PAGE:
Client Satisfaction

What are the factors that affect Client Satisfaction in an implementation? And how both parties can be happy with the final result.

Client perceptions and expectations are inexorably tied together. Whether that be for product capability or levels of service, that means that skewed perspectives of what a product can accomplish, or how a product can be implemented can cause dissatisfaction.

Perceptions are emotional, rather than factual, and so they change over time.

Salespeople know this, and so try to tap into the emotional reasons for buying. This may sound strange when we are talking about software, but it is equally true for that $50 shirt as it is for the purchase of a Business Management system. Present the same Business Management solution to two different companies, and the response will range from “Wow, that is expensive” to “Wow, that is good value”. The response depends on the buyer’s perception.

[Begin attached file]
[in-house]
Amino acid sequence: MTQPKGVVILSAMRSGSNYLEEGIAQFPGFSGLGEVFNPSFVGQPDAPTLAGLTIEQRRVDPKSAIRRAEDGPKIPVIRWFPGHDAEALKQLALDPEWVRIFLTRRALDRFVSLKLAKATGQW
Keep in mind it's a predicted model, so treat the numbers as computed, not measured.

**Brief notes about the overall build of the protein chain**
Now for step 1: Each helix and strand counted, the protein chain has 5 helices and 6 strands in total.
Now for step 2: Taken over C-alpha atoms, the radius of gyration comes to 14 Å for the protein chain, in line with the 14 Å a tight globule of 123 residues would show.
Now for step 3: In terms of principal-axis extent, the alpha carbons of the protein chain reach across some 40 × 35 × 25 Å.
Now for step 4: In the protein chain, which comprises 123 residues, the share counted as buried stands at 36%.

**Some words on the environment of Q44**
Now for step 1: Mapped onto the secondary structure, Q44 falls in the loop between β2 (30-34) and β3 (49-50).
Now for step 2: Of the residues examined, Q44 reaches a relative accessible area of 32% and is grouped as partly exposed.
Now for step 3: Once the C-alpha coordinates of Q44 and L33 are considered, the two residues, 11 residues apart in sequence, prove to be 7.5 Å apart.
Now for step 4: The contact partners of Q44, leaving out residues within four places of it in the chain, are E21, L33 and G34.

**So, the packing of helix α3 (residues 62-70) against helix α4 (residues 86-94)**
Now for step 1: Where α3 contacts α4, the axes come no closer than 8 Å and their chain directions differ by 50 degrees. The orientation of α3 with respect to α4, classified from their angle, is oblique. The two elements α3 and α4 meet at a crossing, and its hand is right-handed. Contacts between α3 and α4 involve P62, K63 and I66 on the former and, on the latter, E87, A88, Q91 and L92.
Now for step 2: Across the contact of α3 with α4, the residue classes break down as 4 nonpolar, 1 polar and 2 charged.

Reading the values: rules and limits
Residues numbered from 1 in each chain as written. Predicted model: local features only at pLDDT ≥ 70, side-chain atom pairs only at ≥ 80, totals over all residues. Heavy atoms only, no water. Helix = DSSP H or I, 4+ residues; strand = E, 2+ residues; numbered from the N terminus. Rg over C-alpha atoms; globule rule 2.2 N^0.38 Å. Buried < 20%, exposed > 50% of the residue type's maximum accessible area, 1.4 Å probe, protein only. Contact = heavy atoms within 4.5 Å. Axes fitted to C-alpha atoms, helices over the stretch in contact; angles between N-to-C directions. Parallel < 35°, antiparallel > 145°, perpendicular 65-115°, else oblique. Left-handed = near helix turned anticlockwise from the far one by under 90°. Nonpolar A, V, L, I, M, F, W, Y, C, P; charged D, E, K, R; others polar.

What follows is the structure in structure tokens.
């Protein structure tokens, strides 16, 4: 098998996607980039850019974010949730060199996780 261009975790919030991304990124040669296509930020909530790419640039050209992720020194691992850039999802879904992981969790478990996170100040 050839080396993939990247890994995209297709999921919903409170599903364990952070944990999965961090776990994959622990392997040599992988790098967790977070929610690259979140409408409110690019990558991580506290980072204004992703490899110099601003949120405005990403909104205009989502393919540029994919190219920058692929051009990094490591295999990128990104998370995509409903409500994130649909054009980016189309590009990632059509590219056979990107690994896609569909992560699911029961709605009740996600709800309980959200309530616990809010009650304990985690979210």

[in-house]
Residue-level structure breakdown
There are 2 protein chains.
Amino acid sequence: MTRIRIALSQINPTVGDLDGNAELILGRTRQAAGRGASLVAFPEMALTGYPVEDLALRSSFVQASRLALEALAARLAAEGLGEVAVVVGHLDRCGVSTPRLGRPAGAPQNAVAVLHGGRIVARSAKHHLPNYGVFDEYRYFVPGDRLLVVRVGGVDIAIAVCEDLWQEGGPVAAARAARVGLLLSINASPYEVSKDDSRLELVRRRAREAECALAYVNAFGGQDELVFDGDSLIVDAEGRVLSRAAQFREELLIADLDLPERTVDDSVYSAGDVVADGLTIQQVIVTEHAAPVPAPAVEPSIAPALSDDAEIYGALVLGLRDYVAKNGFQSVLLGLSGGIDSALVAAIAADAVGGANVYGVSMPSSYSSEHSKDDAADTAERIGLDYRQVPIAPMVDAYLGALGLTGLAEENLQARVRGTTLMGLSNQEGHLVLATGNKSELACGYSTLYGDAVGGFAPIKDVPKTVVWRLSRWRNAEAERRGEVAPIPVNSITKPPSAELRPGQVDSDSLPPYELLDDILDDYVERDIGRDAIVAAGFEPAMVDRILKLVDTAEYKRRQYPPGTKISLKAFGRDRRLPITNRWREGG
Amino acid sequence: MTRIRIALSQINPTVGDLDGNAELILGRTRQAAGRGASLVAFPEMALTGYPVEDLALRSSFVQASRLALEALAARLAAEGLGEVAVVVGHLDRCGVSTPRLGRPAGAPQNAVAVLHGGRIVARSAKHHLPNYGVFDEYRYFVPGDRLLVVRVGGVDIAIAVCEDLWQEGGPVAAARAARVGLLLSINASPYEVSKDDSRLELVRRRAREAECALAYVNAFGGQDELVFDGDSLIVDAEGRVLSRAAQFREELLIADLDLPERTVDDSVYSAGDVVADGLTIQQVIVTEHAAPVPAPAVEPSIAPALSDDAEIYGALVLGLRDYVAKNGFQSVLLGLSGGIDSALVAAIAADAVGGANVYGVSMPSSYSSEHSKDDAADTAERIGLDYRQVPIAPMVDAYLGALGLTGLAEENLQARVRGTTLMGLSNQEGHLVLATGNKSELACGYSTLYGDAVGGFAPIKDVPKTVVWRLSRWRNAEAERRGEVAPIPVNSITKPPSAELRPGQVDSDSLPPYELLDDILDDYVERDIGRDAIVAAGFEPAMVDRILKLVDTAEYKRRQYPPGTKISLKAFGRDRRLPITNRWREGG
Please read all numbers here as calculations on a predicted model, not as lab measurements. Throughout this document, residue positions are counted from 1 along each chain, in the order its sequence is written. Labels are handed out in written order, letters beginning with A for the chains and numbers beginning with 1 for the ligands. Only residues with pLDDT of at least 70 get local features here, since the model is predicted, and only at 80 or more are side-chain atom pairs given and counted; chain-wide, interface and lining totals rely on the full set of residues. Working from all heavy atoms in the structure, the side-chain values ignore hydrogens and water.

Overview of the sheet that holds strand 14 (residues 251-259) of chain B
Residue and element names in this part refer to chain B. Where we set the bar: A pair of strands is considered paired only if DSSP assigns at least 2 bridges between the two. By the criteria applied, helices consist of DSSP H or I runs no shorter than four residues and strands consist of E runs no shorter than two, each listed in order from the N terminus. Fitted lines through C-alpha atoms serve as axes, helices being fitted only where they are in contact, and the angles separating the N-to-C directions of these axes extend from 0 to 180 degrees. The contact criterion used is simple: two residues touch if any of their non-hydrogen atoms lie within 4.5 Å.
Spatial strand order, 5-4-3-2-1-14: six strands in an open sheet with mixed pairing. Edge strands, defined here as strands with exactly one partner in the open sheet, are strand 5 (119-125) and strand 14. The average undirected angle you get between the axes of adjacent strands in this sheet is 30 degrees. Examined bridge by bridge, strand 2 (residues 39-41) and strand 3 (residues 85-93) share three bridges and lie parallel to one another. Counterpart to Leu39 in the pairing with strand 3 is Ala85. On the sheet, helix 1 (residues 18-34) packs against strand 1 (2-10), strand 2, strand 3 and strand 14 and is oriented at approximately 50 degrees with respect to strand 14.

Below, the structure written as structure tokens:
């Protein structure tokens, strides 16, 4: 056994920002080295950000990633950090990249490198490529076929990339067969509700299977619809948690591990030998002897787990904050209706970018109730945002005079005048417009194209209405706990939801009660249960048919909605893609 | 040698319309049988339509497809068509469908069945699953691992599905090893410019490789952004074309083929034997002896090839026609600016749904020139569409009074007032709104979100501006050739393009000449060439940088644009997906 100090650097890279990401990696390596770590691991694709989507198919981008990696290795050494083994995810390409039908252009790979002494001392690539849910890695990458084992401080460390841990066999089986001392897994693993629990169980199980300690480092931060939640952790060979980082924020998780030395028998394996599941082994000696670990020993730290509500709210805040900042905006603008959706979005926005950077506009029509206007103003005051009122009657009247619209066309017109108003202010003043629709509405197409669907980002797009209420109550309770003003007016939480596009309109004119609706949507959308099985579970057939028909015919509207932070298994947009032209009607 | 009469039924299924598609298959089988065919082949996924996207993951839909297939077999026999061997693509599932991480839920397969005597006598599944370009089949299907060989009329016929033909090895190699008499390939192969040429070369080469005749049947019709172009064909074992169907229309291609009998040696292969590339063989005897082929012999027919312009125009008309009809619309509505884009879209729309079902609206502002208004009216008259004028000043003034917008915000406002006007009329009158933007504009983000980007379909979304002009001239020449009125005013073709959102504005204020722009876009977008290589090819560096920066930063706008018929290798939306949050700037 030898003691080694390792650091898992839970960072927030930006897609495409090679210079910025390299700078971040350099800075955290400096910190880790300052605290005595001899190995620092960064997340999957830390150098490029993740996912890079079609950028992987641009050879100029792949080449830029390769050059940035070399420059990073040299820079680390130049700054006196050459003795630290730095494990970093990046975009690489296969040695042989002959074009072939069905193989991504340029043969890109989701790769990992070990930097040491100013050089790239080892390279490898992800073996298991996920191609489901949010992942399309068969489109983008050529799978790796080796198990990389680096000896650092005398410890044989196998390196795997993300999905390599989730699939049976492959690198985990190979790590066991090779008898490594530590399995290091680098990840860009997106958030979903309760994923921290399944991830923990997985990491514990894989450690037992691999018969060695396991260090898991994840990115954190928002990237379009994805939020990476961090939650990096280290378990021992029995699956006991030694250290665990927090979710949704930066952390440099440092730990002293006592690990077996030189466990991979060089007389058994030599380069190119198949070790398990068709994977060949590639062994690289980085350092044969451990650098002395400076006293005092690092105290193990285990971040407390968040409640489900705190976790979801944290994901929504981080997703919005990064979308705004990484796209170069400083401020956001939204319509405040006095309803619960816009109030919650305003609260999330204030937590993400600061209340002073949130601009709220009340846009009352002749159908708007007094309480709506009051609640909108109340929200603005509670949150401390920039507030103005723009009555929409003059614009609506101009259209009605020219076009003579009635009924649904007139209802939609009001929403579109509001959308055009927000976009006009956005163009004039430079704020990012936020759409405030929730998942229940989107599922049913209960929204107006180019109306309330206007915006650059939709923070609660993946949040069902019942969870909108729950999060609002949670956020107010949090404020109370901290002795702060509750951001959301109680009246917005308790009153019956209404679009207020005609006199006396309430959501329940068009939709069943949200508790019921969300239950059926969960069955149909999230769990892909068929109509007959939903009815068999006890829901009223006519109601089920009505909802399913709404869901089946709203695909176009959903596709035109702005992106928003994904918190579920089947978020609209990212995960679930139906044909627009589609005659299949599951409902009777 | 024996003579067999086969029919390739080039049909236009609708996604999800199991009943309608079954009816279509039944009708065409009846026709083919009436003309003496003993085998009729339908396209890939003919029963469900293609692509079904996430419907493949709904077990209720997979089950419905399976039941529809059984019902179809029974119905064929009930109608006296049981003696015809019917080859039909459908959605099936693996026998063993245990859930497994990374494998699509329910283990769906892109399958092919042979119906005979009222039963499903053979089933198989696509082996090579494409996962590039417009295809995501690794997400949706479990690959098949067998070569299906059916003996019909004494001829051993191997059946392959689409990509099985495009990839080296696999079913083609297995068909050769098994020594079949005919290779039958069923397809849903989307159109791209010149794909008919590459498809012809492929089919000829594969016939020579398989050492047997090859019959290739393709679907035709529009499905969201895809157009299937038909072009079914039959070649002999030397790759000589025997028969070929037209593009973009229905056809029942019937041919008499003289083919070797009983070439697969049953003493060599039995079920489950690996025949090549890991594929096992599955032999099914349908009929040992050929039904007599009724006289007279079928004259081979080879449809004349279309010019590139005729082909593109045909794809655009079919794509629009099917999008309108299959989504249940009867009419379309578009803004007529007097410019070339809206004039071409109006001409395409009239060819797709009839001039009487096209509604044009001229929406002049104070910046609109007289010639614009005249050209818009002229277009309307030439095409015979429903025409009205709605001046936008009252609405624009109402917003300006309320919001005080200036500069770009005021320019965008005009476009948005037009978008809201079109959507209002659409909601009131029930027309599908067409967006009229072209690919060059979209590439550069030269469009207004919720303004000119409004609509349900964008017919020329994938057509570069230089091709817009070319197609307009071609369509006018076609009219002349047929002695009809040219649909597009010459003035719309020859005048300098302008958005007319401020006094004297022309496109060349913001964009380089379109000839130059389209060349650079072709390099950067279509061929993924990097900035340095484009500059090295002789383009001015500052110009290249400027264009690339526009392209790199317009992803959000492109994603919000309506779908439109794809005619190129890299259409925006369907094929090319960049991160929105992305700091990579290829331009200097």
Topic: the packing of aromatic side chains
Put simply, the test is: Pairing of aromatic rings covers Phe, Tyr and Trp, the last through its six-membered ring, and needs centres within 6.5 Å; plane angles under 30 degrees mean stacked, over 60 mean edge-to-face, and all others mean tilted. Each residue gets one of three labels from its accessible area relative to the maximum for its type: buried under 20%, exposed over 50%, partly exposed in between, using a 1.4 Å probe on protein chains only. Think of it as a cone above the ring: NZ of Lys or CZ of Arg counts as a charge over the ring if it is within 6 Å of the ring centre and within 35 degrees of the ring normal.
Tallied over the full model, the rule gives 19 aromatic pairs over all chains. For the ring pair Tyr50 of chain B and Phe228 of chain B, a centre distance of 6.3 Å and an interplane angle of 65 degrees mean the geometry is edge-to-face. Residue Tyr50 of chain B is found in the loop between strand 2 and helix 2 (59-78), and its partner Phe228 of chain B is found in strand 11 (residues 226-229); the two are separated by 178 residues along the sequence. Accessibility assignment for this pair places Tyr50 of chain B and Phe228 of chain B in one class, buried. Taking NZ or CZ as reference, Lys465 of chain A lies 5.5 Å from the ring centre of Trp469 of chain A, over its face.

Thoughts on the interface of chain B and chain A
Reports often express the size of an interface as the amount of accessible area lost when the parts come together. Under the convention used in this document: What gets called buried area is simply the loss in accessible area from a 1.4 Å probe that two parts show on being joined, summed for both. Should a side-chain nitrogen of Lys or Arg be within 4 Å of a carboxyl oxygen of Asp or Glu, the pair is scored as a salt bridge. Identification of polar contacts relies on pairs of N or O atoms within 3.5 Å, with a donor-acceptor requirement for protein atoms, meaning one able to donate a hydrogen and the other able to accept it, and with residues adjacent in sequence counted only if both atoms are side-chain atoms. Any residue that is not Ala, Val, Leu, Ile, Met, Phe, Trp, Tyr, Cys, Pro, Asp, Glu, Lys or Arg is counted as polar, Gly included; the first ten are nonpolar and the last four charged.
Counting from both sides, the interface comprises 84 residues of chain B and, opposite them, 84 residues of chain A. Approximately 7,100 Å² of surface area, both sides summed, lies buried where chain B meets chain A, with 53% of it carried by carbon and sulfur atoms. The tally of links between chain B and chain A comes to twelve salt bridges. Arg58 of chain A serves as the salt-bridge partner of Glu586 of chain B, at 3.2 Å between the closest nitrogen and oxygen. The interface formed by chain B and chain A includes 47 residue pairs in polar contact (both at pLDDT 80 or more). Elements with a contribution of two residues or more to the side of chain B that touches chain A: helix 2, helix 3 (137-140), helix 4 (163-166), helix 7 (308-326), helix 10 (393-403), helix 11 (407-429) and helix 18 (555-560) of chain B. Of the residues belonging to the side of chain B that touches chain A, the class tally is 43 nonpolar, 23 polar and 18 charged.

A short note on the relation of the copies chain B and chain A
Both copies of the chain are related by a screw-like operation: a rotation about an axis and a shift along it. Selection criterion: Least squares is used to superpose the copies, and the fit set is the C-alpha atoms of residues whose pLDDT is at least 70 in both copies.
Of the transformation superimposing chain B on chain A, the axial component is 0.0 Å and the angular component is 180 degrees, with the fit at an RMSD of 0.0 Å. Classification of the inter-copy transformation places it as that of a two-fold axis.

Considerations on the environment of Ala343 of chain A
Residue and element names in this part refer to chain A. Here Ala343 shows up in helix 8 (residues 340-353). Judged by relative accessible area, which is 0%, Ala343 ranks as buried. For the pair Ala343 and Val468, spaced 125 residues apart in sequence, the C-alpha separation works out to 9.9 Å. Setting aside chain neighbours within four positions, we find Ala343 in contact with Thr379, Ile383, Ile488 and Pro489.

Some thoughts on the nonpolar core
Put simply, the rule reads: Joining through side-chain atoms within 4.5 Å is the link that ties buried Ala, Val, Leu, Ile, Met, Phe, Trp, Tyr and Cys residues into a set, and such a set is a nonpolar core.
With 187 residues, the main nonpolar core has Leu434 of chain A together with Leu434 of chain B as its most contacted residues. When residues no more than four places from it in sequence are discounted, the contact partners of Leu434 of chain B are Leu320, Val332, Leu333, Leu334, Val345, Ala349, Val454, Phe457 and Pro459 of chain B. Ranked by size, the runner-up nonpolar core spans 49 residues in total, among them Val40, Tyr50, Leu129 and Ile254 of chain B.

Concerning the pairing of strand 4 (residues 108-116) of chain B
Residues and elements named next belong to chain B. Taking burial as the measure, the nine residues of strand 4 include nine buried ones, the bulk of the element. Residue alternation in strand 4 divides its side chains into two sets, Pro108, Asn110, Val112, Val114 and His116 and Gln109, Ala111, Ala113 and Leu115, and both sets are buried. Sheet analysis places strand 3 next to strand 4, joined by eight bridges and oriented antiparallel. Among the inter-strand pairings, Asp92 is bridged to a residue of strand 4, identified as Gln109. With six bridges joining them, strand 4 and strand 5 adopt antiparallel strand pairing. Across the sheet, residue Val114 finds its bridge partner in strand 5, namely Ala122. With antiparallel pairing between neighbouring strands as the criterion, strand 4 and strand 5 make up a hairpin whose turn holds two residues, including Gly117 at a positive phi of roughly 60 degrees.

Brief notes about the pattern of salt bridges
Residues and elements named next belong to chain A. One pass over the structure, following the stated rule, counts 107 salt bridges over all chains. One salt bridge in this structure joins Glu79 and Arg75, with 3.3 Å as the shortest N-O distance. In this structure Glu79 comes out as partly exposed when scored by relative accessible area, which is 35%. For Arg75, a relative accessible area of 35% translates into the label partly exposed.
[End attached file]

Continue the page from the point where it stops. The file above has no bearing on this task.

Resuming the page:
Most software vendors understand their “space” and then market and sell into this space. In other words, they know where they are good value for money. Their products are specifically developed for this “space”. In the industry, these are called “tiers”. Tier 1 products have certain attributes as opposed to Tier 2, Tier 3, or even Tier 4. How do you perceive Oracle, J.D. Edwards, SAP, as opposed to MYOB Business Essentials or Xero?

MYOB Advanced sits comfortably as a Tier 2 product.
MYOB Exo is generally considered to be a Tier 3 product and at the top end of Tier 3.

The role of the implementer is to manage the client’s expectations. The best outcomes are achieved when the client’s expectations are aligned with the implementer’s expertise and capabilities.

This means that as a starting point, the client must have a realistic perception of what they are buying and where they will derive maximum benefit.